# Mean value theorem for vector valued functions

In the general situation of $f:S\to R^m$ where $S\subset R^n$. There is a form of the mean value theorem: $a\cdot (f(y)-f(x))=a\cdot (f'(z)(y-x))$ which requires a vector $a$ and dot products.

Is it possible to create a generalization of the mean value theorem that doesn't involve dot products. Something like $$f(y)-f(x) = cf'(z)(y-x)$$ where $c$ is some real number. The idea being that the path $f(t(y-x)+ x)$ where $t\in [0,1]$ should have a tangent $f'(z)(y-x)$ that is parallel to $f(y)-f(x)$. Now there is no reason that they should have the same length though and so a constant scaling factor $c$ is needed. And to avoid some pathological cases maybe some conditions are needed such as $f(y)\neq f(x)$.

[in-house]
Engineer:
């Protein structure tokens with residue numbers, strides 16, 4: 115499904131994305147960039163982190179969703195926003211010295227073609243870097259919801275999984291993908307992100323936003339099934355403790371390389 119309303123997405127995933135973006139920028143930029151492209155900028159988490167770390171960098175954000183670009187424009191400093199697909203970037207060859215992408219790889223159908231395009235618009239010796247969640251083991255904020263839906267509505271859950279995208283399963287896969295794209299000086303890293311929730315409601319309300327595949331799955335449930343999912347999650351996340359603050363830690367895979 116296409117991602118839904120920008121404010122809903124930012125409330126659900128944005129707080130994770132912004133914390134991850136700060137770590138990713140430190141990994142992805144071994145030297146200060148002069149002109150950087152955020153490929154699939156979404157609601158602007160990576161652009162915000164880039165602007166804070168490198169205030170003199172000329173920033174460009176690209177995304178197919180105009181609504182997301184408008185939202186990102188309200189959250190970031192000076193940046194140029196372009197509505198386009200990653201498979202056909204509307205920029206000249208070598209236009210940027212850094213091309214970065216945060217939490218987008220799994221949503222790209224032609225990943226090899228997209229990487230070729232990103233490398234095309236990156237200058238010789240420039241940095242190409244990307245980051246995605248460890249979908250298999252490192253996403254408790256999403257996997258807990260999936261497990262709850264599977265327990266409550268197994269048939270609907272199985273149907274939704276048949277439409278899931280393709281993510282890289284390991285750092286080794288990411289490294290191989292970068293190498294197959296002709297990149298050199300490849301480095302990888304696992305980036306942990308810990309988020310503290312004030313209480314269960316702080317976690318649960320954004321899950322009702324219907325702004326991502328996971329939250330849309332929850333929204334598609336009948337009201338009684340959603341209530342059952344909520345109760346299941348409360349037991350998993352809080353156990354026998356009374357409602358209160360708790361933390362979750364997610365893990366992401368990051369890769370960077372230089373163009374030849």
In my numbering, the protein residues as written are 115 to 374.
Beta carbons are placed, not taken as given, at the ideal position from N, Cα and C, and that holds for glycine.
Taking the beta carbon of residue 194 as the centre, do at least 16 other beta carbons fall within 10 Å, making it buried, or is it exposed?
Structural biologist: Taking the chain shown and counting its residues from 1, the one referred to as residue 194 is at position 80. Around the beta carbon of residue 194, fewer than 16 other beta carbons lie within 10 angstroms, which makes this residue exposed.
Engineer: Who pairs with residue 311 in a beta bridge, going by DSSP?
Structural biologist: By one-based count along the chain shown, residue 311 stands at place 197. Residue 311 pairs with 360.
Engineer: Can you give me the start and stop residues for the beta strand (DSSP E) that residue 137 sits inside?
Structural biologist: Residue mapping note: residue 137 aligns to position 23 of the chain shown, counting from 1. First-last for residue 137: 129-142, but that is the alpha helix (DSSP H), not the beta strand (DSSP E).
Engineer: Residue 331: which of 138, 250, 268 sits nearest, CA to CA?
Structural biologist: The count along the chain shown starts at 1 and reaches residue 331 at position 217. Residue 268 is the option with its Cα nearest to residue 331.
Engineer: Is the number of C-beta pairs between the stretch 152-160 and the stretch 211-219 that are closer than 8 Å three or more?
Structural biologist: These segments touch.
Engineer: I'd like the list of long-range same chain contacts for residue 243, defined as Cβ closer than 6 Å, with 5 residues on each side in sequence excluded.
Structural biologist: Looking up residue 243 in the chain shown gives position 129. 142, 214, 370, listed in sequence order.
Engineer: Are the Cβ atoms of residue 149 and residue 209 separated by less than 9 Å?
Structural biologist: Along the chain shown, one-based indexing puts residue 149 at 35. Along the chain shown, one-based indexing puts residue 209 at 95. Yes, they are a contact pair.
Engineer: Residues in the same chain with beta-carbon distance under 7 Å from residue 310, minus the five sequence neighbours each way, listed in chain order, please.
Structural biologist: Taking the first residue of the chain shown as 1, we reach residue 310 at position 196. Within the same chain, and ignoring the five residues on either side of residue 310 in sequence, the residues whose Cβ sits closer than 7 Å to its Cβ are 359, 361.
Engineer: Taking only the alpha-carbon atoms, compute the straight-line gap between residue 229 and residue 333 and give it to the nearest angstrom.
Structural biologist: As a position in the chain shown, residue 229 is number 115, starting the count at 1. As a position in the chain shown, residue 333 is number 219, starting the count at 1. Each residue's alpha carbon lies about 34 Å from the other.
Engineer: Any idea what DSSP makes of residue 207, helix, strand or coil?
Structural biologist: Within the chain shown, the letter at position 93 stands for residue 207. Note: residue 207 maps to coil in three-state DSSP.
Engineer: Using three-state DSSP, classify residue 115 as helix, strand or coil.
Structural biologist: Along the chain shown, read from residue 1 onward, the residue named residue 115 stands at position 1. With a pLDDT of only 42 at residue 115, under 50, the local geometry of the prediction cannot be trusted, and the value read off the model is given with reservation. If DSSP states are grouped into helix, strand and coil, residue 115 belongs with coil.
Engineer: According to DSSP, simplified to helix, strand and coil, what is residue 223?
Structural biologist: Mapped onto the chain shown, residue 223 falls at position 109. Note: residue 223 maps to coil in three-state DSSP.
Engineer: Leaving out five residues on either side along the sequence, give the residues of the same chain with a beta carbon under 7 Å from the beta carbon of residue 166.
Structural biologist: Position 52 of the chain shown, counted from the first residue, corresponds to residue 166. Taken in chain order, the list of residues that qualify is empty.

-

"The idea being that the path $f(t(y-x)+ x)$ where $t\in [0,1]$ should have a tangent $f'(z)(y-x)$ that is parallel to $f(y)-f(x)$."
Although this sounds like something which could hold, it is false in general. Consider a mapping $f:[0,1]\to\mathbb{R}^3$ defined by $f(x) = (t,\sin(2\pi t),\cos(2\pi t))$. Then $f(0) = (0,0,1)$ and $f(1) = (1,0,1)$ and hence $f(1)-f(0) = (1,0,0)$. However, there is no point $t$ such that $f'(t) = (1,0,0)$.